First 9front release of the year is called DO NOT INSTALL

Possibly its most helpful codename yet

9front, the most active project continuing development of the sequel to Unix, Plan 9 from Bell Labs, emitted a new version. We did not follow its advice.

The first new version of 2024 boasts the helpful name – or possibly warning – of "DO NOT INSTALL." If you are hoping for a newer, better Linux, take the hint. If you want to see how Unix-like OSes should have evolved, rather than reinventing bigger and shinier wheels – we're staring meaningfully at the BSDs and Linux here – then read on.

We looked at "The Golden Age of Ballooning" in 2022, talked more generally about 9front when "Humanbiologics" appeared late last year, and, of course, there was a series of articles earlier this year.

DO NOT INSTALL has support for Linux's ext4 disk format (as well as the older ext3) thanks to a new ext4srv. This replaces the old ext2srv, which we guess had to go – the in-development Linux kernel 6.9 marks ext2 as deprecated. DO NOT INSTALL also has better USB audio and Wi-Fi support, which now includes on the Raspberry Pi.

This driver came to 9front from Richard Miller's port of Plan 9 to the Raspberry Pi, which you can see demonstrated by the man himself. An element to the story of that port that The Reg FOSS desk particularly appreciates is that this is the same brilliant programmer who in 1976 did the first port of Unix [PDF] to a new computer – Unix 6th Edition to the University of Wollongong's new Interdata 7/32. We also recommend his own account, "Unix – a Portable Operating System?" [PDF]. (We especially like the question mark in the title.)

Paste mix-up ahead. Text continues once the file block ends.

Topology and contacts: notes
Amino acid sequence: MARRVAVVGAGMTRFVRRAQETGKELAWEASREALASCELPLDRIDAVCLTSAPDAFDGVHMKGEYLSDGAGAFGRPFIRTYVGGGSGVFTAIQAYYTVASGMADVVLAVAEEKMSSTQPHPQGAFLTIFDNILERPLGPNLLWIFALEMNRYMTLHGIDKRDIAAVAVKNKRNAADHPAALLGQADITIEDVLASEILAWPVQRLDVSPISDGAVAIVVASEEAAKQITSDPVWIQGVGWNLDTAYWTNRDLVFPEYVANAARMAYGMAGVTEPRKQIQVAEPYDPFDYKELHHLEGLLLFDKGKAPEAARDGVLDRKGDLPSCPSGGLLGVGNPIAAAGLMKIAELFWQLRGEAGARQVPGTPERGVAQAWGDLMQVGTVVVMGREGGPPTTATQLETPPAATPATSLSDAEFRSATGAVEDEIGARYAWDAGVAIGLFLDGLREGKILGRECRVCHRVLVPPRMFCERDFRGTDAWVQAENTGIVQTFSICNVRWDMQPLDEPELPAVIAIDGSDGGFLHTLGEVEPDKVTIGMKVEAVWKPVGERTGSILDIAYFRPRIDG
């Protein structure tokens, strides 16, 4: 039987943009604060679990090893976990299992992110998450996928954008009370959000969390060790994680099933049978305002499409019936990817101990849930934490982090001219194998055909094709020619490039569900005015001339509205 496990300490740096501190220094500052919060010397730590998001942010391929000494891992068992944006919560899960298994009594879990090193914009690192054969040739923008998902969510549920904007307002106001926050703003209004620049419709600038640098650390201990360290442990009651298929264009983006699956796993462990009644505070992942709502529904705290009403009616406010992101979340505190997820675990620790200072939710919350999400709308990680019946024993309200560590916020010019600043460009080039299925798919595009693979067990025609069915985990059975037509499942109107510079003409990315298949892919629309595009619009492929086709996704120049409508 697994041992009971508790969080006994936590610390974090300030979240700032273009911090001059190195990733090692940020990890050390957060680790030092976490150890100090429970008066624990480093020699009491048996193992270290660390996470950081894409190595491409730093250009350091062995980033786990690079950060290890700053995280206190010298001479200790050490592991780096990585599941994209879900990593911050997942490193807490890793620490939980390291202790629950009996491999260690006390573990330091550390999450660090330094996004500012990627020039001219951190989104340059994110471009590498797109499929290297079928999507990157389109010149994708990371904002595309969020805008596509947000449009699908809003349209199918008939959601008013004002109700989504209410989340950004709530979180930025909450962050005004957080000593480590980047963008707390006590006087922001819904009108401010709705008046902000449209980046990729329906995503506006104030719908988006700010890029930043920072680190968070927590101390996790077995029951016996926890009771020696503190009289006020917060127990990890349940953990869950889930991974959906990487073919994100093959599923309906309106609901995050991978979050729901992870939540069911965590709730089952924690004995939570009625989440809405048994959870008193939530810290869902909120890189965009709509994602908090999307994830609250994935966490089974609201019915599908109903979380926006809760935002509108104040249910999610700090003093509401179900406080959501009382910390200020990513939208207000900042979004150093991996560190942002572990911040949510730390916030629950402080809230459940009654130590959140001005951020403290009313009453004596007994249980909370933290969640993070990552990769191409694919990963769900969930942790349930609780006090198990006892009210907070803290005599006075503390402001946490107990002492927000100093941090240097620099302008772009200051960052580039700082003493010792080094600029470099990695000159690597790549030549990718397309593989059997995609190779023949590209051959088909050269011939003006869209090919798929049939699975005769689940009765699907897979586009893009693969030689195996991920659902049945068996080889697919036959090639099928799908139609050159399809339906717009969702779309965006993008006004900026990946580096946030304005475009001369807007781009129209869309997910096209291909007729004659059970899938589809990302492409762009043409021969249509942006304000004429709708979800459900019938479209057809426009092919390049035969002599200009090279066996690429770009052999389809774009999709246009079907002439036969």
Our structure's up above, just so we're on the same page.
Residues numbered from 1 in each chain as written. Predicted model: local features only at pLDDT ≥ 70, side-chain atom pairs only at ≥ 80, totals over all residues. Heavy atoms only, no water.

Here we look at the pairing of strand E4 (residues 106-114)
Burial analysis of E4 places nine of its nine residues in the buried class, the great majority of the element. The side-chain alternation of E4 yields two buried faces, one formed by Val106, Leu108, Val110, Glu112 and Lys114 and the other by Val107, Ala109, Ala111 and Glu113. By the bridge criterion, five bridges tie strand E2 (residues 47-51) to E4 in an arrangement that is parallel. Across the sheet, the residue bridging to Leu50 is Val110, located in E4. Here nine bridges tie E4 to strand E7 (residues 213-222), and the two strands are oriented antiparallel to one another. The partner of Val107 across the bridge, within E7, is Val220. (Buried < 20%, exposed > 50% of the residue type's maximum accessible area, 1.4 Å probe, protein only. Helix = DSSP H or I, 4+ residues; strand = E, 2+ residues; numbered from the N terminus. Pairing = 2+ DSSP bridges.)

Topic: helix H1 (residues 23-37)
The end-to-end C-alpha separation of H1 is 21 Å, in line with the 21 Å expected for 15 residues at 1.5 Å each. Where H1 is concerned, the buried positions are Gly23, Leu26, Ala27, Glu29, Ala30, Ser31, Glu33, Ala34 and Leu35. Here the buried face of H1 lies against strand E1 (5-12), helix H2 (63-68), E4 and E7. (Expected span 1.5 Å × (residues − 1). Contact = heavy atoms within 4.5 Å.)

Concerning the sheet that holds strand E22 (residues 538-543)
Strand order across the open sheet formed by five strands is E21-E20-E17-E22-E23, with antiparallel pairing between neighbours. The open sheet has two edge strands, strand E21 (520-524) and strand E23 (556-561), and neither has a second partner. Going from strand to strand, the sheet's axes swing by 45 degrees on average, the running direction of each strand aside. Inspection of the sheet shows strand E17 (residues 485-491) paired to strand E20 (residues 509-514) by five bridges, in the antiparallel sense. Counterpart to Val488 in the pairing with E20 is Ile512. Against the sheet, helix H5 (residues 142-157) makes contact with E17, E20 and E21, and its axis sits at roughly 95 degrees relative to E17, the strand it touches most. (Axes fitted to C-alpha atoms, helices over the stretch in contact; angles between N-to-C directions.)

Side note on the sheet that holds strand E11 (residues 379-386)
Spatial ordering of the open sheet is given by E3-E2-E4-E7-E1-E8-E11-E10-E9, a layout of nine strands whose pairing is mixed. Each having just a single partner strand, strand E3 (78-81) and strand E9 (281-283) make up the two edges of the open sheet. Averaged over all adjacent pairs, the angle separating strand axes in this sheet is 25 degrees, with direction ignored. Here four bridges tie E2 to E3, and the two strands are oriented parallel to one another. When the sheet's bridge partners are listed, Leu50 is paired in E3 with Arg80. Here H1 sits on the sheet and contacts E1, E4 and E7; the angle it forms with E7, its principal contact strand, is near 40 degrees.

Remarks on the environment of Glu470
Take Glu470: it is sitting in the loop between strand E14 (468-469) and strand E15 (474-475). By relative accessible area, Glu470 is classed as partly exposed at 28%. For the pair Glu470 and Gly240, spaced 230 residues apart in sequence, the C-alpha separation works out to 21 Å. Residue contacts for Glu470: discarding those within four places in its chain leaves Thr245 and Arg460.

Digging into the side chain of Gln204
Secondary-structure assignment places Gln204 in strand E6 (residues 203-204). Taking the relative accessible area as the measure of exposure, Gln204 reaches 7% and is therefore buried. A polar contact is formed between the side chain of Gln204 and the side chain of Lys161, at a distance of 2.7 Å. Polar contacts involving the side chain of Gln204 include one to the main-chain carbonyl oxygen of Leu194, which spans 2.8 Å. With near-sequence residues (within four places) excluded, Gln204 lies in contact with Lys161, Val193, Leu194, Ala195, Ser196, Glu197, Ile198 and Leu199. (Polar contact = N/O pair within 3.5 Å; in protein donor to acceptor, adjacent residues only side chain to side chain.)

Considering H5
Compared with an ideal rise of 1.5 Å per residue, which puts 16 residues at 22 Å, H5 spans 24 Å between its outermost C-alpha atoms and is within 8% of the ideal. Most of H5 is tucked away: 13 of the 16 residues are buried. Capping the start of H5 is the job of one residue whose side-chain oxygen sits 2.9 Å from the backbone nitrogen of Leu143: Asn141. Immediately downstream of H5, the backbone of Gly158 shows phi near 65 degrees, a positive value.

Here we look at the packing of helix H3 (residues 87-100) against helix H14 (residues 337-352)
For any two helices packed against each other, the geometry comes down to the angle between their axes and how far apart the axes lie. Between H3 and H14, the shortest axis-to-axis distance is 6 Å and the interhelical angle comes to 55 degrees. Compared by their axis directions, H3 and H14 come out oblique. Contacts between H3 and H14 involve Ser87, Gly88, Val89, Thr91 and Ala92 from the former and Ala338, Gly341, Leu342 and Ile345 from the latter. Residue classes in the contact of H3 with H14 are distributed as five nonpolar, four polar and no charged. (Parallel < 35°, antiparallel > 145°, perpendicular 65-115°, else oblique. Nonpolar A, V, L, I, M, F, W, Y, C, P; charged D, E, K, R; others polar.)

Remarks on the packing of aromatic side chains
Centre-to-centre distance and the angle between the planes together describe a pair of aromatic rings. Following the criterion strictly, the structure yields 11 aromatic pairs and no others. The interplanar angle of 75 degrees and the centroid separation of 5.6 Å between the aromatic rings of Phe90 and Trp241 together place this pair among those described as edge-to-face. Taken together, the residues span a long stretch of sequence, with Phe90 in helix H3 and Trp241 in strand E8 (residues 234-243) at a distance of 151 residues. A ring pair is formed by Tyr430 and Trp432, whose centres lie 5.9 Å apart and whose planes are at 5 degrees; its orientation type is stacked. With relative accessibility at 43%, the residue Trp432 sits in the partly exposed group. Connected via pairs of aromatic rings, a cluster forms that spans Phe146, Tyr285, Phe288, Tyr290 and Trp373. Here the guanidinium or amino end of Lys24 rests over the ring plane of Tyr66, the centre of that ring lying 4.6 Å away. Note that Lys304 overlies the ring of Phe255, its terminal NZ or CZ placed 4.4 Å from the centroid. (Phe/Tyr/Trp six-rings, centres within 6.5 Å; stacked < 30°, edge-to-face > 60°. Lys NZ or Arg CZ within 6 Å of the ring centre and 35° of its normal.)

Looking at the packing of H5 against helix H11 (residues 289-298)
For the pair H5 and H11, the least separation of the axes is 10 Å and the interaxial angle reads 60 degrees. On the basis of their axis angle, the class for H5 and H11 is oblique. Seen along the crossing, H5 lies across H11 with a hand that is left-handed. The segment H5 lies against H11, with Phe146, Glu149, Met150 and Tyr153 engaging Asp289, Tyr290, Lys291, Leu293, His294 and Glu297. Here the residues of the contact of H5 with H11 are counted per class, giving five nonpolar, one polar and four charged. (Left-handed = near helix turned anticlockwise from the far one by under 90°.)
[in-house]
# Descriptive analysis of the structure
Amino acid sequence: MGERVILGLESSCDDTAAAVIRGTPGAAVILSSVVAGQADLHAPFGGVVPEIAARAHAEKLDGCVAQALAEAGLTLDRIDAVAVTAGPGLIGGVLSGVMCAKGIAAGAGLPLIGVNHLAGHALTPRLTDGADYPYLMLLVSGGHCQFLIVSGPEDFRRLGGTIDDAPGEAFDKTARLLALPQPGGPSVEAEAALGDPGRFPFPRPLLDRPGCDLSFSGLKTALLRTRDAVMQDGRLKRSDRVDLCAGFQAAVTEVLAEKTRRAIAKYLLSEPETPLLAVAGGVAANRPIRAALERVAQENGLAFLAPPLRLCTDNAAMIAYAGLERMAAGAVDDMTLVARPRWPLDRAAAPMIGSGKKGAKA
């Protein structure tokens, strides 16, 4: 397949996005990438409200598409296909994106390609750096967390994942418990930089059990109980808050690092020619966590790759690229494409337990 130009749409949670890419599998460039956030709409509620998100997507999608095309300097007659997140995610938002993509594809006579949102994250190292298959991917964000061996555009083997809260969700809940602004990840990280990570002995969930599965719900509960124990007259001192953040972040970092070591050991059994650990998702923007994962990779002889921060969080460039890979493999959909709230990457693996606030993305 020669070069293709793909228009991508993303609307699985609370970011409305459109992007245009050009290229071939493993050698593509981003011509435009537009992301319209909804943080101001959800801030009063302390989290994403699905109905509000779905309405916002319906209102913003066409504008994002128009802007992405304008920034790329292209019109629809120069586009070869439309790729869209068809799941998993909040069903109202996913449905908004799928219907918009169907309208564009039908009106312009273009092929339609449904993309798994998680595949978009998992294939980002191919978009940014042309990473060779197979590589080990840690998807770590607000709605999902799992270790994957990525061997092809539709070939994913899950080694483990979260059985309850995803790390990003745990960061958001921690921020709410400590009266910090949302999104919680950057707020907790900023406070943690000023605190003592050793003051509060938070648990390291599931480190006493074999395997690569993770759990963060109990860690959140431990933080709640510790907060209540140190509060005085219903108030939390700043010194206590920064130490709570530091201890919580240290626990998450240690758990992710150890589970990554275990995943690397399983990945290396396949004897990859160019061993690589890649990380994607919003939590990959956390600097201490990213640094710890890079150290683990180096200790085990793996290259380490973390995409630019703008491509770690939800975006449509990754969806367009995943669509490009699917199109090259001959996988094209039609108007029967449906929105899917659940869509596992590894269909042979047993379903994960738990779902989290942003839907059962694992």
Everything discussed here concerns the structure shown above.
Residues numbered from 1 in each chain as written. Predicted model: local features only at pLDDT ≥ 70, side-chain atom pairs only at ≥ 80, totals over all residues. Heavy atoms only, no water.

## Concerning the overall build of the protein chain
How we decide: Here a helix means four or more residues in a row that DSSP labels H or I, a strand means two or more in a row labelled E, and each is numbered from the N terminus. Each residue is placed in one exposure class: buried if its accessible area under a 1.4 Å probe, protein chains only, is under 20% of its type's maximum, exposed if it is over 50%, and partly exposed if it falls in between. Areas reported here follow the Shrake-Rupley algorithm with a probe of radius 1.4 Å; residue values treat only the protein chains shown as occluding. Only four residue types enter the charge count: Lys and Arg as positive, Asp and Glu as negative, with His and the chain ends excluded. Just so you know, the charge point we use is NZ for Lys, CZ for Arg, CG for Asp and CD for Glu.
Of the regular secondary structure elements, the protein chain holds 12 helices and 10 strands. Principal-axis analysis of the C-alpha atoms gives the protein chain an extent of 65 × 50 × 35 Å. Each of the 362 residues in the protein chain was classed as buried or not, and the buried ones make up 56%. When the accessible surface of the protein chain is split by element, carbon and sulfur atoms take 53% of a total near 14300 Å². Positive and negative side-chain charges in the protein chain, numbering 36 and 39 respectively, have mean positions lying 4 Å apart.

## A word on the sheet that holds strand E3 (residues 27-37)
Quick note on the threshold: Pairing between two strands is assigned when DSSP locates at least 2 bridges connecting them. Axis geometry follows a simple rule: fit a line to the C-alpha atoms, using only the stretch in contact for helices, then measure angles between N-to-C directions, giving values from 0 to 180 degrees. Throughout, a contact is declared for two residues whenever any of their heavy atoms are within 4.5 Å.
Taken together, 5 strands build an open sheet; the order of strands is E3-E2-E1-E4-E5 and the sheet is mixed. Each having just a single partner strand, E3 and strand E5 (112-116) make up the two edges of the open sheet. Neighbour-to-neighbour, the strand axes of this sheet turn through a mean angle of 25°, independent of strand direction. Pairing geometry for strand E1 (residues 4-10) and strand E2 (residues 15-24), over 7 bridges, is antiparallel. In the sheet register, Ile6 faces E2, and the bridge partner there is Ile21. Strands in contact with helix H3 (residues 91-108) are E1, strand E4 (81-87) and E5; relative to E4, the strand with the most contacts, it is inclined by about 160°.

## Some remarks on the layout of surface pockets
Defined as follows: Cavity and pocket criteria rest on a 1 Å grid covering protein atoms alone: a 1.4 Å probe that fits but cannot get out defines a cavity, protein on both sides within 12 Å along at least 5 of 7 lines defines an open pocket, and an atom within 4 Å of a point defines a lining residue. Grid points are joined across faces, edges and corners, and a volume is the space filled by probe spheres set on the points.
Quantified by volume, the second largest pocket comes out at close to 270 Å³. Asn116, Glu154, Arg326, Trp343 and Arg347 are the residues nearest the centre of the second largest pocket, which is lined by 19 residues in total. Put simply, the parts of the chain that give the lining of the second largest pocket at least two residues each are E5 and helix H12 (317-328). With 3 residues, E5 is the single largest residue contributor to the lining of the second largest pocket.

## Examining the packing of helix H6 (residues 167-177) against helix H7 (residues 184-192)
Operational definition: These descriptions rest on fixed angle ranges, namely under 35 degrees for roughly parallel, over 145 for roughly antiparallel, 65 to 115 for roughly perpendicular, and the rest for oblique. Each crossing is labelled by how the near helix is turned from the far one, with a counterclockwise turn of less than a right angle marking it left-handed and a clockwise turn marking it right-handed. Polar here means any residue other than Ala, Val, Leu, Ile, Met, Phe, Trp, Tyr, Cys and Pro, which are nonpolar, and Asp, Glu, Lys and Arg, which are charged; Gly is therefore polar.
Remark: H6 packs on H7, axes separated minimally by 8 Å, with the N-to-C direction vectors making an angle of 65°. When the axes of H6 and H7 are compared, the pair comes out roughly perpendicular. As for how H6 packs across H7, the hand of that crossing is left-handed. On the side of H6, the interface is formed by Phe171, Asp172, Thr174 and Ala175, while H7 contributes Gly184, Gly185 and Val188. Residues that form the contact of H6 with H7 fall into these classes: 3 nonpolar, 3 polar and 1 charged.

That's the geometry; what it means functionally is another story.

Plan 9 is what Unix wanted to be when it grew up. It's Unix, reimagined for the era of networked graphical workstations instead of standalone text-only minis with dumb terminals. It's also Unix in the sense that it's crypic, terse, intimidating, and famously unfriendly. Its creators went on to create Inferno, and then some of them went to work for Google and created Go. In the meantime, several teams are still working on Plan 9. One group spent a while moving it to GCC, and have now moved on to rewriting it in Rust.

Meanwhile, 9front is keeping it old school – but modernizing it to work in a Linux-dominated world. That modern FOSS Unix world remains indifferent, and in that light, we find the 9front team's rather, um, confrontational attitude entirely understandable. For instance, while those who aren't native British English speakers may not realize that "Git" is not an acronym but an established word, the robustly named 9front code repository has a rather more "fragrant" name. Possibly temporarily, this has a more attractive alias to celebrate this release. So get a move on and visit Only9Fans. ®

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